Rhode Island NECAP Trends

Previously, I focused on tracking the NECAP results of one cohort of kids as the moved through the Warwick School system (to 11th grade). What I found was that reading and writing continued to improve, while math went in the opposite direction. I took this–cautiously–as good news as does Julia Steiny, with the usual caveats:

C’mon, it’s a big deal that Rhode Island’s high-schoolers pulled ahead of our two sister states in the New England Common Assessment Program (NECAP). In reading, R.I. juniors kicked butt, scoring 76 percent proficient, besting Vermont’s 72 and New Hampshire’s 74 percent. In writing, our teens were 51 percent proficient, edging out Vermont’s 50 and New Hampshire’s 45….please, I know tests are not the be-all, end-all. But doing well is promising. I think of watching test scores as comparable to watching one’s weight. The number says nothing about the quality of life, talent, or character, but it’s a major indicator of overall health.
So for example, the last reports by the National Assessment of Educational Progress (NAEP) showed that all three of the NECAP states’ fourth and eighth graders made significant progress. Only one other state and Washington, D.C., also did so. So working toward success on the NECAPs helps kids learn and perform no matter what the test. That’s huge.

Steiny also mentioned the charts that show cohort trends for all Rhode Island students that the ProJo printed in concert with Jennifer Jordan’s February 10 story on the NECAP results. These charts weren’t in the online edition–at least not that I could find–but (again, as Steiny points out) they are available at the RI Dept of Ed. website in it’s Fall 2010 NECAP Report (PDF). It’s worth taking a look at them given my belief that there is just as much–if not more–value in tracking cohorts as there is in comparing them year-to-year.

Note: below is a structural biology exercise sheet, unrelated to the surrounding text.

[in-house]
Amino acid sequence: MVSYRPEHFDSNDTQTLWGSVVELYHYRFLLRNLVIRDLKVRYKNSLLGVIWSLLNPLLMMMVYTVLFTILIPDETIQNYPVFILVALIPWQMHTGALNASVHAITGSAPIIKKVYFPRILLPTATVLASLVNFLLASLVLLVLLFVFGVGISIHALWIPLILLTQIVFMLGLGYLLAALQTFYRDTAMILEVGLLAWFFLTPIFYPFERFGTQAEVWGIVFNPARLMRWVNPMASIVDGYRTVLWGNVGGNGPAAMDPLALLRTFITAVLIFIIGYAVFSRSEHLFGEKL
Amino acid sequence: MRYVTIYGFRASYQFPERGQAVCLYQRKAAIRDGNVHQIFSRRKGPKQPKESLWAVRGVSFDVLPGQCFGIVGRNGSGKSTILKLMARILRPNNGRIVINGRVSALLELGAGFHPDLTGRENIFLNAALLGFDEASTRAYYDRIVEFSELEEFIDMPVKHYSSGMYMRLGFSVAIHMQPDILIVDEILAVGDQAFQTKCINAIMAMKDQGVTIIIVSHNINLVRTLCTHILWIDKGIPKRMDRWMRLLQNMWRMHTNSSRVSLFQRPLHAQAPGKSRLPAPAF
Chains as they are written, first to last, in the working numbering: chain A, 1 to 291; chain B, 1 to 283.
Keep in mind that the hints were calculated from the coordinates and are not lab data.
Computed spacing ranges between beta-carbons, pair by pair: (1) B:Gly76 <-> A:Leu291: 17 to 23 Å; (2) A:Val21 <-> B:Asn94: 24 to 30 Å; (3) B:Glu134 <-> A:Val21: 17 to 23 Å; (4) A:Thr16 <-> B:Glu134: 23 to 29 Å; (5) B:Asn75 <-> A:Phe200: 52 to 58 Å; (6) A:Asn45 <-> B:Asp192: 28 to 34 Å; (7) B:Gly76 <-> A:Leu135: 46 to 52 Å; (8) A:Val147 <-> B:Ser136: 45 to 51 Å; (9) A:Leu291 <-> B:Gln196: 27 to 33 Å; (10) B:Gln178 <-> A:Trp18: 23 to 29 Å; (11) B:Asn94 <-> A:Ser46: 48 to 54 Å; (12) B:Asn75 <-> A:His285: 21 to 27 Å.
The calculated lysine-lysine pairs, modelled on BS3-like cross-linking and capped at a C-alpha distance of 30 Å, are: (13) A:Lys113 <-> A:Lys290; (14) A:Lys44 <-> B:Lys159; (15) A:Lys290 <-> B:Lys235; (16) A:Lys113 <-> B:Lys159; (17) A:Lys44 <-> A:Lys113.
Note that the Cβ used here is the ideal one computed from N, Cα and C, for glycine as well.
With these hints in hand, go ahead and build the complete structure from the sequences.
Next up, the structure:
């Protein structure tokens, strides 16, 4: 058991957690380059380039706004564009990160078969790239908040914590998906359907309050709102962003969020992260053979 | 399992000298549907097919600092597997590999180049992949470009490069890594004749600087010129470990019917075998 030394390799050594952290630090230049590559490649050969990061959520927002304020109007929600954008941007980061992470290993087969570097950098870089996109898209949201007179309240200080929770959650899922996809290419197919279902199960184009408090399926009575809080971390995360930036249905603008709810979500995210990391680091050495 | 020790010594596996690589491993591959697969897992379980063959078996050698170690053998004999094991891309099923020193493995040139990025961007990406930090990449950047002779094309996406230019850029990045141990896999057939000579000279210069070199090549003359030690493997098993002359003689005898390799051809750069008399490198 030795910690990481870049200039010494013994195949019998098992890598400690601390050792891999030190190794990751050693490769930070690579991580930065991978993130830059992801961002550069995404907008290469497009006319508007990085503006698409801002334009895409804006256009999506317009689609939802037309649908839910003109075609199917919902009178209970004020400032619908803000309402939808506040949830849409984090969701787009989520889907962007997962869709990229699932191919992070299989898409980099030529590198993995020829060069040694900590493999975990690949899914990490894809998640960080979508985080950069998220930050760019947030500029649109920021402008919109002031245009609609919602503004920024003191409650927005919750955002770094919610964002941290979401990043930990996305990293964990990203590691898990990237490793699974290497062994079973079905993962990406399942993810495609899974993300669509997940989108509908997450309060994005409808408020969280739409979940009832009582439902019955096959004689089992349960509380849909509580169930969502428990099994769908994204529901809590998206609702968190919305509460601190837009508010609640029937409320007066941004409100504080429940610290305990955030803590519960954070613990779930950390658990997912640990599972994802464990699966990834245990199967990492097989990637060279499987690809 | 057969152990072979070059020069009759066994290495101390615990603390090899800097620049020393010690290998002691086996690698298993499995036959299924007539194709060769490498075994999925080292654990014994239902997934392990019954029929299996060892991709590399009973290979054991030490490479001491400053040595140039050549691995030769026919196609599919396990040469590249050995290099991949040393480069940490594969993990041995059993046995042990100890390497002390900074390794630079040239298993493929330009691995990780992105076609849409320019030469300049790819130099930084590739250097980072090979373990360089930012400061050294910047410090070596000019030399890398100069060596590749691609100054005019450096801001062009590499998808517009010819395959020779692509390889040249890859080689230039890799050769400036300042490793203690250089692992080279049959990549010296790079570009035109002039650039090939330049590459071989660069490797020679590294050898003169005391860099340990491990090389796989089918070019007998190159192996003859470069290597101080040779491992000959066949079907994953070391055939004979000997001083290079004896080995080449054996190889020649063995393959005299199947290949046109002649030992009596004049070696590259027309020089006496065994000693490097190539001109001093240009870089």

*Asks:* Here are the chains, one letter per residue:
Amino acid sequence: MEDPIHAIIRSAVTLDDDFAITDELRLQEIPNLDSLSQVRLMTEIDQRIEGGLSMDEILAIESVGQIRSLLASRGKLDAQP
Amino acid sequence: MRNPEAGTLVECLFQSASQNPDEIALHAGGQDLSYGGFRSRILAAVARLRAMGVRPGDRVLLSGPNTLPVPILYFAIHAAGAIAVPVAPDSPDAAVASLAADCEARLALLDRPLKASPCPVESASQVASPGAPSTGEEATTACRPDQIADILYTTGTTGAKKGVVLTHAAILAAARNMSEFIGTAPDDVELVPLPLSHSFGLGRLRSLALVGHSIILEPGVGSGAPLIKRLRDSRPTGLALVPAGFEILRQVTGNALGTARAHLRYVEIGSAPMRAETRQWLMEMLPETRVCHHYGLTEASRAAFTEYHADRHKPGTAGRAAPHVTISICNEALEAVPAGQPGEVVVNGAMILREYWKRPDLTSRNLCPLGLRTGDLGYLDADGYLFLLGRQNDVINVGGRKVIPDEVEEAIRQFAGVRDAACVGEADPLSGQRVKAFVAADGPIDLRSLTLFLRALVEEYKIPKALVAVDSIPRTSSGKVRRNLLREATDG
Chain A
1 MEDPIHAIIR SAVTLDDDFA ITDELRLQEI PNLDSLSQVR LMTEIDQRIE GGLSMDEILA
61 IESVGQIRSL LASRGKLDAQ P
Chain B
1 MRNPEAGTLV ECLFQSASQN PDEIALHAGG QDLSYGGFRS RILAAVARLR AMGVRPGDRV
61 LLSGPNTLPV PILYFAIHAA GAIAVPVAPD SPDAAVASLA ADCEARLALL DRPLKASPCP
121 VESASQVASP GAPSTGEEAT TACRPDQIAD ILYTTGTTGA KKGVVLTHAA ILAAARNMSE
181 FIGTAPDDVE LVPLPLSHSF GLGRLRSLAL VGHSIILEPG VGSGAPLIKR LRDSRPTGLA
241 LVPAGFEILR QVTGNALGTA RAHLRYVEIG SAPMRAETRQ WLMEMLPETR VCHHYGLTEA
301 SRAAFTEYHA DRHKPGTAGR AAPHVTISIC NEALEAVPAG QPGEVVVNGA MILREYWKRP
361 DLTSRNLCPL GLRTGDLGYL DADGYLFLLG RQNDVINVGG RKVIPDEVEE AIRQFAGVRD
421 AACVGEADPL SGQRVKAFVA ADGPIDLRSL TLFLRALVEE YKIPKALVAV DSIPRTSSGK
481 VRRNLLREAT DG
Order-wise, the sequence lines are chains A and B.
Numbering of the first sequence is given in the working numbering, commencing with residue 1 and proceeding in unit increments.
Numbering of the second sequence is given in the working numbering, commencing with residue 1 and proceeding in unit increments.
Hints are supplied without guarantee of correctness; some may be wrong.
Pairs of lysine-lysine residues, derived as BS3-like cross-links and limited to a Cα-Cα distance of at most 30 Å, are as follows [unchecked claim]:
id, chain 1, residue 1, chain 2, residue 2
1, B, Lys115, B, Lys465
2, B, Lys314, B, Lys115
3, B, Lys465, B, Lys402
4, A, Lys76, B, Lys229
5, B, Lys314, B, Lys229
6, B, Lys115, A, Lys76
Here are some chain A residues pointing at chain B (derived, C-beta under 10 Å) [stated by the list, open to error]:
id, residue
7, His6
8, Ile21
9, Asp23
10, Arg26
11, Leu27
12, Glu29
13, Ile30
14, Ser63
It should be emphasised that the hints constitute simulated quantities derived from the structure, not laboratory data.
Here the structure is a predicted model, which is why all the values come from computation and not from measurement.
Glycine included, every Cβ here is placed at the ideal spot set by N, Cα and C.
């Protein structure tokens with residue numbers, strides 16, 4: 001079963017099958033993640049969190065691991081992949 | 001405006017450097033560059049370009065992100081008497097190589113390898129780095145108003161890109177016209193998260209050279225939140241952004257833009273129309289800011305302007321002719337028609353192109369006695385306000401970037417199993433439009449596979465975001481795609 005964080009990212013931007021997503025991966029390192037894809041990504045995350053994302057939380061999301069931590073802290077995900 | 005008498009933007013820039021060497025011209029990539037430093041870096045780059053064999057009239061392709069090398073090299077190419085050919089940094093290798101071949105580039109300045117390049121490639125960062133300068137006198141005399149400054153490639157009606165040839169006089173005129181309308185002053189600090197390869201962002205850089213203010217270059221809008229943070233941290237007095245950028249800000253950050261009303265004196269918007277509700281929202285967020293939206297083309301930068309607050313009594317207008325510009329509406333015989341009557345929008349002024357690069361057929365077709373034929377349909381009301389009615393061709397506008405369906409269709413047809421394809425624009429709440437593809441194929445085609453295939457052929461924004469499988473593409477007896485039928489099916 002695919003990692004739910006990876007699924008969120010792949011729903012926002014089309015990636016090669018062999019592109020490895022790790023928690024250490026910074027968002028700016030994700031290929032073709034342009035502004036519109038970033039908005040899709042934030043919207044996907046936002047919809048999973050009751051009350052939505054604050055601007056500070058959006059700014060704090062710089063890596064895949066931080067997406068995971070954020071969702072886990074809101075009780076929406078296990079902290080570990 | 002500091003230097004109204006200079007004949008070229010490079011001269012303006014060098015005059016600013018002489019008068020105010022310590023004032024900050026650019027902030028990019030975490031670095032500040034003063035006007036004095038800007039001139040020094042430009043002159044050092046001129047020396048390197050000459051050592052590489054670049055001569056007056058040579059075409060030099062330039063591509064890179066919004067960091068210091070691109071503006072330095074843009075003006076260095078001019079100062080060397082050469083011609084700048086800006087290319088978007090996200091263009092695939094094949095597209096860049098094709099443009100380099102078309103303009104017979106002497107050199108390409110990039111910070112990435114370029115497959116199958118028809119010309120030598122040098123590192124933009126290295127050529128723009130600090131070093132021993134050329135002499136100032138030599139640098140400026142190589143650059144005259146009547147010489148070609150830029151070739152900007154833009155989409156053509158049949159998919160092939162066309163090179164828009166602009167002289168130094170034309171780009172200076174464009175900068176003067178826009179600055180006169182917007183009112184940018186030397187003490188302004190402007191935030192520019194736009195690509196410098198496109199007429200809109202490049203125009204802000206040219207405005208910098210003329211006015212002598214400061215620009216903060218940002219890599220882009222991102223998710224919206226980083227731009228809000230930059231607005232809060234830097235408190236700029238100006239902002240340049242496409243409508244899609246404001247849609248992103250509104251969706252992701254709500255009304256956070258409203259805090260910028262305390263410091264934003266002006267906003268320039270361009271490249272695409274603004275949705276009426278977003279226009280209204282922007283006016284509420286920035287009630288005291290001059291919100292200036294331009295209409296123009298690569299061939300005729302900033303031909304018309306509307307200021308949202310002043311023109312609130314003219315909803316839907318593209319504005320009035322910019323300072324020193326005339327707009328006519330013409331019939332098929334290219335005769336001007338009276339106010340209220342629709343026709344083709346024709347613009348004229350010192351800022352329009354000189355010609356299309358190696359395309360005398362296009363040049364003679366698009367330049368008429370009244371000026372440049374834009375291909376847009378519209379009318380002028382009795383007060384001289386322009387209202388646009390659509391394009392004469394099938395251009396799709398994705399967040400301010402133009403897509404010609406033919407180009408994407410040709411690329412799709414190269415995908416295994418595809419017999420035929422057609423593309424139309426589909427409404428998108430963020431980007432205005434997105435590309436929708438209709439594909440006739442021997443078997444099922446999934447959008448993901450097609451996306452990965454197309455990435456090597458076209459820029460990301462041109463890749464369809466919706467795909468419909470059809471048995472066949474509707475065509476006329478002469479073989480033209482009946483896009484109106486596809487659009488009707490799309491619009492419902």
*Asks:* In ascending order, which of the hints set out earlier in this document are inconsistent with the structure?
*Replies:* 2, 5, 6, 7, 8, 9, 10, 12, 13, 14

necaptrend5-10-read.jpg
necaptrend5-10-math.jpg

There were no writing results because it’s a newer test, but comparing the previous data from Warwick to statewide cohort tracking reveals (unsurprisingly) the same sort of trend. Basically, each cohort is improving in Reading from year-to-year and getting worse in math (remember–this is according to the NECAP test standards for each grade level). It also looks like the test scores for each grade–as one cohort replaces another at a particular grade level–have continually improved. Though it does look like Math scores seem to have plateaued, particularly at the younger levels. This comparison could be more indicative of pedagogy and show that schools may need to freshen up their approach to math so they can get over the hump.

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Pat Crowley
Pat Crowley
11 years ago

Hey, how did all those charter schools do on the NECAP?

Russ
Russ
11 years ago

…please, I know tests are not the be-all, end-all. But doing well is promising. I think of watching test scores as comparable to watching one’s weight. The number says nothing about the quality of life, talent, or character, but it’s a major indicator of overall health.

So NECAP scores are as good a predictor of quality education as your weight is for health? You would think that would be easy to show, wouldn’t you? I say it’s more like measuring height and then claiming a connection to better healthm maybe even cancelling your daily trip to the gym so you can spend more time practicing measuring your height.

Not everything that counts can be counted, and not everything that can be counted counts.
— Sign on the wall of Albert Einstein’s office at Princeton

Patrick
Patrick
11 years ago

It’s funny how people like Russ and the Seagull always want to criticize things like the testing but never offer a solution.
So let’s say we throw out the testing and let the teachers teach. How do we evaluate what kind of a job they’re doing? How do we know that students are learning what they need to know?
Suggestions? Crickets?

Russ
Russ
11 years ago

First off, if it can be shown that we are doing something demonstrably harmful it is enough to say stop doing it. To paraphrase Eric Scholtes, it’s like pointing out that we’re beating our heads against a wall and being asked but if we remove the wall what will we beat our heads against?
I’ve posted many, many times what to do. Start by reading W. Edwards Deming (plan, do, check, act).

Russ
Russ
11 years ago

Correction, Peter Scholtes. Unfortunately the Scholtes article I’d like to share is no longer available online. May finally force me to buy his book!
http://www.pscholtes.com/pscholtes/performance/
What Scholtes said to do instead is to decouple what it is we are trying to acheive (educate students, incent educators, improve schools, etc.) and to address each individually with continuous improvement (plan, do, check, act).

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